Nothing in 2020 was immune to the pandemic. Even my hard drive crashed by June, shelved for months before a fix could be found.

Vista along the Mahuli Fort trek, Thane

Well before my laptop’s demise, the year had already presented its share of challenges.

Travel to Bhopal in January to support American blues performers at an international music festival.

February dedicated to centennial birthday travel and the U.S. President’s visit to Ahmedabad, managing logistics involving 100,000 people crammed into the world’s largest cricket stadium.

March and April, adjusting to a sudden, restrictive lockdown, then overwhelmed by efforts to repatriate thousands of Americans stranded in India. We established a rhythm to keep active: soccer, kickball, a walk every evening.

By May it became clear we’d miss annual leave in the U.S. We modified our routine for the long summer, adapting our outings around the torrents of monsoon.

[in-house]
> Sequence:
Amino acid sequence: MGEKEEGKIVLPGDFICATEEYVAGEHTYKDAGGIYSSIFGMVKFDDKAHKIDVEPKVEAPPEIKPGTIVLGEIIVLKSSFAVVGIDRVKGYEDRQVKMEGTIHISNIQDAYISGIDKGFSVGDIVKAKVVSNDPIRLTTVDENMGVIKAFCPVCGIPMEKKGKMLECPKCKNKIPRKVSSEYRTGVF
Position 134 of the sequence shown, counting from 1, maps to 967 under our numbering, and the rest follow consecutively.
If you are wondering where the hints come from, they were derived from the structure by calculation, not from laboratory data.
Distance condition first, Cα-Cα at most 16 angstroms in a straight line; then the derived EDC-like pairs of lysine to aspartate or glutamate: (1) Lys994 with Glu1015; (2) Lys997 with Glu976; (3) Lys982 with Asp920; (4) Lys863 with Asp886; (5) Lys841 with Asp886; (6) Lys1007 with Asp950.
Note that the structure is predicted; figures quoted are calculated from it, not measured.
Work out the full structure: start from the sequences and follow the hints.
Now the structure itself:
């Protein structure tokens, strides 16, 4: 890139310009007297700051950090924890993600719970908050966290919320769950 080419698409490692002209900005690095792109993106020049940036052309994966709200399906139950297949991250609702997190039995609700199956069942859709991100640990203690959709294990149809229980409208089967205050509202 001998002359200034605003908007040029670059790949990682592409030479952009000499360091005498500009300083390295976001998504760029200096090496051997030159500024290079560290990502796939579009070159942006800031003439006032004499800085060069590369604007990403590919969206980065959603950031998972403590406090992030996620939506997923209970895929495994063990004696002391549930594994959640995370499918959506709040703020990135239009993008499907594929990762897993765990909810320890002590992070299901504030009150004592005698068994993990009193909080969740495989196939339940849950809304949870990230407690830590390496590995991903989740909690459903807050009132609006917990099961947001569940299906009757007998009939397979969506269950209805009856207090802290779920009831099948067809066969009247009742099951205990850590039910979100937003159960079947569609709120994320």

The household in disarray after weeks of virtual learning, quarantined staff, unsteady access to routine consumables, we entertained ourselves with homespun camps: Space Camp in June; Cooking Camp in July.

School restarted and the local holiday season opened in August, no end in sight to limited gatherings. Poor old Ganpati, the elephant god, submerged without fanfare in tiny pools around Mumbai.

We liberated ourselves for a short trip in September, relieved by the green countryside of Karjat, but feeling like interolopers as we passed through small villages: did locals fear us as COVID vectors?

October, the RPMs notched upward. My hard drive was replaced. We decorated for Navratri and dressed up for Halloween.

This month, we voted. More Americans than ever before voted in presidential elections. Diwali lit up the city with lamps down below and fireworks overhead. Next week: Thanksgiving.

In December, finally, we will travel home. We hope. The raging pandemic remains a national humiliation. “Home” is under siege, gripped by sickness and uncertainty.

So much energy this year has gone to keeping afloat. So little remains for reflection. The events that marked the passage of time leave little space for creativity.

The year feels lost, keeps us circling, hikers at a trailhead in search of the route to a mirage in the distance.







One thought on “Lost

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